Sarah Saturday might be my longest running rock crush—while all of the cliché reasons admittedly apply, more importantly she’s always seemed to remain relevant to me. She’s thoughtful and reflective, without pretension.
Initially our musical star aligned over bratty indie pop-punk. Guilty as charged—and not the least bit remorseful about it—but just as our bleached hair (both hers and mine) began to show roots, so did our taste in music. Styles evolved. We matured. Slamming guitars and songs about getting wasted grew tired. However, I never really let go of the teenage angst—it just morphed into twenties angst… and now thirties. Through it all, Sarah has been adding poetry to melody and capturing a sentiment of the evolving human condition while articulating the complexities of adult relationships. Whether she likes it or not, we’ve grown up together—and after all of the years I still turn to her to sing me to sleep at night.
For some reason I’ve avoided writing about Ghost Notes since it came out last summer. I’m not sure why—I really like this album. I also love Veruca Salt. They make the short list of my all-time favorite bands. The only thing I can think of is that I was trying to keep this album for myself. It’s like reliving a memory—something you’d only share with someone who understands what you’ve been through. Or maybe it’s because Nina and Louise harmonizing again feels like a freshly washed blanket out of a warm dryer and I just want to curl up and daydream while I listen. It’s been my sanctuary, invitation only.
Ghost Notes is vibrant, powerful, and packed with refined adult angst; it’s also extremely familiar. That’s not a bad thing. In fact, it’s my favorite quality of the album. It’s everything I miss about Veruca Salt and how I’ve romanticized the idea of what it would be like to recapture teenage love. Reality will never be as good as the fantasy, but in Veruca Salt’s case they’ve managed to rediscovered the magic they had from their first two albums, and in doing so brought me right back into my high school bedroom. Maybe you can never go home again, but if you could this would be the soundtrack. Older, more mature, and all of the childish insecurities buried deep beneath an exterior of defiance and collared shirts.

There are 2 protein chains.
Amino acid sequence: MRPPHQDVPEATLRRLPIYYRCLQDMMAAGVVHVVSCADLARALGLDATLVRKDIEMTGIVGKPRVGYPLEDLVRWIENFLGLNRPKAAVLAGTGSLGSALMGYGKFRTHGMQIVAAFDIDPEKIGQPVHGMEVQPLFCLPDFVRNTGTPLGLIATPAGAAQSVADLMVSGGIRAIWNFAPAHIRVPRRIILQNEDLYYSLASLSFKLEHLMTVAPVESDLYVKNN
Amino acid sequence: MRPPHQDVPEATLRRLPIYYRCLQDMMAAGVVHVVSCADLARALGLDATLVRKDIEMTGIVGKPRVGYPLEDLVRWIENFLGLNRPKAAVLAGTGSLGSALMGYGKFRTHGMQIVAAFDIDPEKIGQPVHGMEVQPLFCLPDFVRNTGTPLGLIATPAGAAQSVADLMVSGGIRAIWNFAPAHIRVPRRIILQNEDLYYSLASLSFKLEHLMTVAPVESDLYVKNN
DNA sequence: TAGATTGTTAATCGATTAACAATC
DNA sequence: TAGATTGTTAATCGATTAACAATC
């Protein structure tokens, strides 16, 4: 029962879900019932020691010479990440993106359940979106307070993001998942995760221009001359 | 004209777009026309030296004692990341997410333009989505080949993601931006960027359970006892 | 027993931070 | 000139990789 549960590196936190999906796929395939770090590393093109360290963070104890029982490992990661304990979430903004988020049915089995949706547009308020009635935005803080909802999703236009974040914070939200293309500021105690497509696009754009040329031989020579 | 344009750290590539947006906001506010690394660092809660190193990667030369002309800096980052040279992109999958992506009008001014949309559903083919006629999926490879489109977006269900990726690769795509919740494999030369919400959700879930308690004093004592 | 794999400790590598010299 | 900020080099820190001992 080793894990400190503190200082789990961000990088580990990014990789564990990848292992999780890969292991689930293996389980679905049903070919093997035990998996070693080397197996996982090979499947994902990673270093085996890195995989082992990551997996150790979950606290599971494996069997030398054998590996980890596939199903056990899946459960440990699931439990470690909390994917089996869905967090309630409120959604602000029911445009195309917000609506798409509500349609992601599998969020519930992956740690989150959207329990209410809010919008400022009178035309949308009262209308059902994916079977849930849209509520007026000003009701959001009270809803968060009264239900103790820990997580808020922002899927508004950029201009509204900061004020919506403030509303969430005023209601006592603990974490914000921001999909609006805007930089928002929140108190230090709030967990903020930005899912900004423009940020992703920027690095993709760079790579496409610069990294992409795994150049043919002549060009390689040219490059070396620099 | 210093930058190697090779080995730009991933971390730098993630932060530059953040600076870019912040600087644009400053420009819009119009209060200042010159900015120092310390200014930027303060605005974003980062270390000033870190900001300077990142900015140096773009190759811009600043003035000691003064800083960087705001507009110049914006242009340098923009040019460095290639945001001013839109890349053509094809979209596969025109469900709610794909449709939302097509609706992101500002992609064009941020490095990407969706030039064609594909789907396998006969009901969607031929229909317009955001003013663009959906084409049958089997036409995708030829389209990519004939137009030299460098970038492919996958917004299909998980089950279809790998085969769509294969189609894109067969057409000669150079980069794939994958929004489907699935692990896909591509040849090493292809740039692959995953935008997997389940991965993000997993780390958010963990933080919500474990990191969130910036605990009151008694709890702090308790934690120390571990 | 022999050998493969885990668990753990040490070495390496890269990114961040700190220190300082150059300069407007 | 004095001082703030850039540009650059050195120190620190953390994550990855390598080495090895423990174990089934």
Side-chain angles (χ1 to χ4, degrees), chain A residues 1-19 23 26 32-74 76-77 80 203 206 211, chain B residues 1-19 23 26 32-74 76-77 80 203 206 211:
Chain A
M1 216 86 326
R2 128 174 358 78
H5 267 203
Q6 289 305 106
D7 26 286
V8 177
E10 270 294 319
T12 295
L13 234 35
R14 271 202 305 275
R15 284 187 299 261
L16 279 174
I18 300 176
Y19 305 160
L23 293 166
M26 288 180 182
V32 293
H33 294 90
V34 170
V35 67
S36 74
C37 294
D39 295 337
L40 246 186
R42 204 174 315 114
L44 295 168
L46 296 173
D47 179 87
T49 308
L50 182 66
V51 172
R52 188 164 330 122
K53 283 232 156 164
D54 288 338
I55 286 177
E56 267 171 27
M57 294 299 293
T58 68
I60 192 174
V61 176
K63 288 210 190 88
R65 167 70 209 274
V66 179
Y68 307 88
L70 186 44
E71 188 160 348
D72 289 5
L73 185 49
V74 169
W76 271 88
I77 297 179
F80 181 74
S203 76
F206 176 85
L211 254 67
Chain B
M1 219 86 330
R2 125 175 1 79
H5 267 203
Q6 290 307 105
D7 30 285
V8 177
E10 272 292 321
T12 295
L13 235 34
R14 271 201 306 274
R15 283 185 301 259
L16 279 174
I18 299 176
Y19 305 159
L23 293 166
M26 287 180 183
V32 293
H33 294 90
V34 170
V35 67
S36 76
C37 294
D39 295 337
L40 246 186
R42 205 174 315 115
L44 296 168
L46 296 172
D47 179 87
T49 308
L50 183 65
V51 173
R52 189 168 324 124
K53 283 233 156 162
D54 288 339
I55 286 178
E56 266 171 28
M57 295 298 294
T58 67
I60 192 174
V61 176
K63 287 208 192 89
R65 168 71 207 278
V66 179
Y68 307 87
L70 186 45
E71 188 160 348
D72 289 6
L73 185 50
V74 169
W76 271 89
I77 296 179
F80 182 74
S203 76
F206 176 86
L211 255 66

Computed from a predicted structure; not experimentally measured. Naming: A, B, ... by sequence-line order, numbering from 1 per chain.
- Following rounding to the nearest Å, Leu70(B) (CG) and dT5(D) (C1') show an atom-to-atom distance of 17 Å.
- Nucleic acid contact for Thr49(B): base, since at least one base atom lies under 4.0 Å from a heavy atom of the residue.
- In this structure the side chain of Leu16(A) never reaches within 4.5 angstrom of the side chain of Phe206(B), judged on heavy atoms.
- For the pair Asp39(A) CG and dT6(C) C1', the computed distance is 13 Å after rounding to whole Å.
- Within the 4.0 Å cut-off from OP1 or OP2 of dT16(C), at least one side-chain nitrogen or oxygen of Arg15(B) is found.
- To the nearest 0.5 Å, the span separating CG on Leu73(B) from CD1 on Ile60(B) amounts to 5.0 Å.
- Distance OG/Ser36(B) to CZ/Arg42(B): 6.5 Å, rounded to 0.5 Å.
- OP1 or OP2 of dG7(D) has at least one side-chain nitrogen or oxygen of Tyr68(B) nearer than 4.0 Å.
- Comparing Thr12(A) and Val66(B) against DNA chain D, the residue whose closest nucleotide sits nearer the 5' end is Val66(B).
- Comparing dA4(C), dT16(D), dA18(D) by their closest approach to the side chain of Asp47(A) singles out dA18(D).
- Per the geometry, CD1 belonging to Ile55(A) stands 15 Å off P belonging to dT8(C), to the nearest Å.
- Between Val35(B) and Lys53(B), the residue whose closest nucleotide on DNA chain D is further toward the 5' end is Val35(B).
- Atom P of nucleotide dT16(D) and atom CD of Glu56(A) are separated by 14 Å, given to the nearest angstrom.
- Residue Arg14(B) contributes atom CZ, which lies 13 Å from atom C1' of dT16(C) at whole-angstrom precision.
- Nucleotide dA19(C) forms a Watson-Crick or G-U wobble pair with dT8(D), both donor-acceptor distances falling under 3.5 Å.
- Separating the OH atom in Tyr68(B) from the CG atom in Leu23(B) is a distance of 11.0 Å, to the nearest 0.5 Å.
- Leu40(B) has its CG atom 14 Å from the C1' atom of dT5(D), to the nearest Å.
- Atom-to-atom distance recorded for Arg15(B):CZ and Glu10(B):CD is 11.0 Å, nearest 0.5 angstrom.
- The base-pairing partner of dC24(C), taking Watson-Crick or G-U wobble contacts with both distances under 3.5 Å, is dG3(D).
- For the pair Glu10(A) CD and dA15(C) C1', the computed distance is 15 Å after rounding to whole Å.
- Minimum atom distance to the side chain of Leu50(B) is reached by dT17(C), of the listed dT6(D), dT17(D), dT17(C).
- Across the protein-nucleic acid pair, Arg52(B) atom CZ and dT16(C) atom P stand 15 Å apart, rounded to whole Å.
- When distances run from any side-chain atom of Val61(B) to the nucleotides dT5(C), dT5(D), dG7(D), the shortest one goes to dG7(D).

Not that Veruca Salt was ever the youthful exuberance of pop rock, the band leaning more on cerebral advances and driving guitars, but this album is a living will of their progression as musicians and songwriters. They’ve become masters of their craft, something only time and experience can develop—a kick to the nuts of the double-edged tragedy that is rock n’ roll’s youthful expiration date. Eddie Vedder keeps doing it, Beck—even though Jack White and Billy Joe Armstrong will never see another Teen Choice Award—nostalgia aside—the craftsmanship of their music has dramatically improved with their age.